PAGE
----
TechConnect Innovation Spotlight: Precise Sensor Nanomaterial

March 24, 2014 01:43 PM EST By: Sarah Wenning

Louisiana State University, TechConnect 2013 National Innovation Awardee, Washington, DC

TechConnect recently had a chance to speak with Dirk Benedict, Marketing Coordinator at the Office of Intellectual Property, Commercialization & Development, Louisiana State University (LSU). Mr. Benedict attended the 2013 TechConnect World-National Innovation Summit in Washington, D.C.

The LSU invention is a low-cost, biocompatible, conductive nanocomposite material that can be incorporated into a small sensor. The resulting sensor can potentially detect very small changes in pressure and strain.  “We would like to collaborate with industry partners to apply the diaphragm in a sensor for a desired commercial application,” said Benedict.

“The TechConnect conference was well-tailored to technology transfer offices. It gave us the chance to meet with our university peers and discuss our intellectual property with technology scouts from major companies. Face-to-face interaction is important in developing relationships, and TechConnect provided that opportunity,” said Benedict.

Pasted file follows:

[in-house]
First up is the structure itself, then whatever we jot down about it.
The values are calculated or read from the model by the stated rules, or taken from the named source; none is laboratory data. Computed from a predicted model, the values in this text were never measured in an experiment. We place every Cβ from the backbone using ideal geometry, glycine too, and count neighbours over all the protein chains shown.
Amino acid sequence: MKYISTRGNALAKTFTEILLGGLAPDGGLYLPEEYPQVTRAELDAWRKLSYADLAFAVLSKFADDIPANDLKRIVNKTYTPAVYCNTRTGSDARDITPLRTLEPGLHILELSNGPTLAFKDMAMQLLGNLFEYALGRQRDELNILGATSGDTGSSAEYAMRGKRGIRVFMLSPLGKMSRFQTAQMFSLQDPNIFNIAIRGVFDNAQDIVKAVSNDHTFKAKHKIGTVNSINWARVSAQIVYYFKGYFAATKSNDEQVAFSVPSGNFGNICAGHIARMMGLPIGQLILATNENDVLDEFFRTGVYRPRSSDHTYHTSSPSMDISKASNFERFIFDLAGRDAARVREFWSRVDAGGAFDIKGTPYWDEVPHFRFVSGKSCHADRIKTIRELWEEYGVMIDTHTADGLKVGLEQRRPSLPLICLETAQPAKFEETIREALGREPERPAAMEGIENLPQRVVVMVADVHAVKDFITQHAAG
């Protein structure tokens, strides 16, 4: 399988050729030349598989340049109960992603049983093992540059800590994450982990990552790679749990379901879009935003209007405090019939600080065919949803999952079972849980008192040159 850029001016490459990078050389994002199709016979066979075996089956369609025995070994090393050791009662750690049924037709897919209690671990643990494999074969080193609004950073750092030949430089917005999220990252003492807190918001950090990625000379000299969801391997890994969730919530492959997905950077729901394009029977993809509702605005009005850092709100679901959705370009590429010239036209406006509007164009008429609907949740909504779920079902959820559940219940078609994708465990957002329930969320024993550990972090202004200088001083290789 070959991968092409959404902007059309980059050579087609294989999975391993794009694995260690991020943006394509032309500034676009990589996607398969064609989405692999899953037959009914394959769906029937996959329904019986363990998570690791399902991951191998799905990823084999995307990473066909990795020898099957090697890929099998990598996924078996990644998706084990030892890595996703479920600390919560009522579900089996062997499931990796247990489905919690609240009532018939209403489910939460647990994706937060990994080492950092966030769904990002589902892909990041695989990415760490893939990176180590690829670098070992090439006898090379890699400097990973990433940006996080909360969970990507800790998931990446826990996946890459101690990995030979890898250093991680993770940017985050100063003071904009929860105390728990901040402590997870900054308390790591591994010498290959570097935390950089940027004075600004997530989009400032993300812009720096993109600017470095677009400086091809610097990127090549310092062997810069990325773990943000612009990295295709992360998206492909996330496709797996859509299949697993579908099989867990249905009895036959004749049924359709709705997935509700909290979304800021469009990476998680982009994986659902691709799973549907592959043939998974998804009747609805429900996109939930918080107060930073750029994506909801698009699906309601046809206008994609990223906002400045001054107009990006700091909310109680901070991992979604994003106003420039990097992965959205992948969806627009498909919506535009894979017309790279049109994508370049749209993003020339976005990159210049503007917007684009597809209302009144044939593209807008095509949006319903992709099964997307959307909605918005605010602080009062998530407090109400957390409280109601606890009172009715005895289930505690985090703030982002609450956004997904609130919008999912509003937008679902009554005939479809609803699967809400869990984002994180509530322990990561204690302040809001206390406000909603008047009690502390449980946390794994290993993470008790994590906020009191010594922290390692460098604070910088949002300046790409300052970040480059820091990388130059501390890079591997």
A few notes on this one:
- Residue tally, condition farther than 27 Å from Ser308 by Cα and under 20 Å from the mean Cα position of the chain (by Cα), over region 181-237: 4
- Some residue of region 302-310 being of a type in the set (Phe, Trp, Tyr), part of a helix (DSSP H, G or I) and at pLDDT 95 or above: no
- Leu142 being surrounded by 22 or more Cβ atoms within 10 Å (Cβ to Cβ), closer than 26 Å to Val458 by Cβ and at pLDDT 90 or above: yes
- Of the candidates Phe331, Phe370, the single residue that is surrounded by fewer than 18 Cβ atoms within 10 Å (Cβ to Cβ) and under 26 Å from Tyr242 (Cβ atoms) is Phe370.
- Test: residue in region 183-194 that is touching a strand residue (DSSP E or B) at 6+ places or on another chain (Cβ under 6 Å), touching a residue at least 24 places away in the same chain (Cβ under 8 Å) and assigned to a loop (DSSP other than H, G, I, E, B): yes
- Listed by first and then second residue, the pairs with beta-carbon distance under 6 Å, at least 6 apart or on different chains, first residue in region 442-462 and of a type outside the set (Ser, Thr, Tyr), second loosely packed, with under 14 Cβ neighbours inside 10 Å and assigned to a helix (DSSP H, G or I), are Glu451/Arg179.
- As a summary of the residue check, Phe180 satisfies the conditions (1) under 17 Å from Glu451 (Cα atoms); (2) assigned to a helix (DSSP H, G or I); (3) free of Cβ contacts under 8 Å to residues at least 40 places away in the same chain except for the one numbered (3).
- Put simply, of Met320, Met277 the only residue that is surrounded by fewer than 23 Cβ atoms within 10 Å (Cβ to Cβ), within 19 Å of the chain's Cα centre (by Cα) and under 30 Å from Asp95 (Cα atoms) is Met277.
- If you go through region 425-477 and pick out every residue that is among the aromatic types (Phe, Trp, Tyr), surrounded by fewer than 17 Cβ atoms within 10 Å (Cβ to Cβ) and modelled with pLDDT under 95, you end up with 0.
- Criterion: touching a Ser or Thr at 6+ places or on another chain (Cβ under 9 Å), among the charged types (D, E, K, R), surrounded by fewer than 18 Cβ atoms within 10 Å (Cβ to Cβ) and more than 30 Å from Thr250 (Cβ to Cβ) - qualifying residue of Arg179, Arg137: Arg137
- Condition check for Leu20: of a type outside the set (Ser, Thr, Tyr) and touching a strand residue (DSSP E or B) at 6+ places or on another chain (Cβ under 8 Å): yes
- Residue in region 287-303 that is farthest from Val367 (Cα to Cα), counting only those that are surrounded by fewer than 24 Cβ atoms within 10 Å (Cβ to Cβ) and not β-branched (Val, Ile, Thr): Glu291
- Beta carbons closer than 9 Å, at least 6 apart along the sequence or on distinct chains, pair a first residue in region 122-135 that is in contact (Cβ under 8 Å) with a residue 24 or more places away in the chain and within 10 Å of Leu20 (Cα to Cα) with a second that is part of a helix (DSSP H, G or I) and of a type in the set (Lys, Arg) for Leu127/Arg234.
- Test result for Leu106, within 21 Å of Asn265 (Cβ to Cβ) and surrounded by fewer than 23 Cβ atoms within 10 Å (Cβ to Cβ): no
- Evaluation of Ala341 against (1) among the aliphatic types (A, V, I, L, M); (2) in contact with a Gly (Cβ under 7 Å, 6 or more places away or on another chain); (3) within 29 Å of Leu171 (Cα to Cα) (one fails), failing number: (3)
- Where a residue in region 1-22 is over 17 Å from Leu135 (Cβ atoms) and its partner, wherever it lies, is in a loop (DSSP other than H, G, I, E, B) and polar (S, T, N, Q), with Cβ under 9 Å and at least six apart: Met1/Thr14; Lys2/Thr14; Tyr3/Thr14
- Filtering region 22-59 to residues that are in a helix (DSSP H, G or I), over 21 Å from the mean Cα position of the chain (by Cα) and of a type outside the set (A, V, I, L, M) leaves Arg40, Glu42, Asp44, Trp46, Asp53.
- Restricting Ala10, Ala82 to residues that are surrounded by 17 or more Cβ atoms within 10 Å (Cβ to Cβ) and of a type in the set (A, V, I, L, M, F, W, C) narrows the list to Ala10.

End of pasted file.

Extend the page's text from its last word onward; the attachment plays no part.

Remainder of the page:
LSU’s novel material is a conductive nanocomposite that is low-cost and biocompatible. When incorporated into a sensing diaphragm, it can potentially detect pressure changes less than 10 Pascal. The diaphragm can be micrometer sized and can sense the differential pressure between two points in both air and liquid media. Though experiments have focused on pressure, this invention also has potential to measure other forces like strain. The technology can be used to easily manufacture diaphragms of various sizes and patterns for different sensitivities depending on the application. A patent application has been filed on this invention and is published (Publication number: US 20120266685 A1 entitled “Apparatus and method for nanocomposite sensors”).

“Promoting the sensor technology at TechConnect had value beyond raising awareness of an individual invention. Companies interested in the sensor also wanted to find out more about the LSU School of Electrical Engineering & Computer Science and LSU mechanical device innovations. We always appreciate the opportunity to present a more expanded view of the university’s offerings and expertise,” said Benedict.

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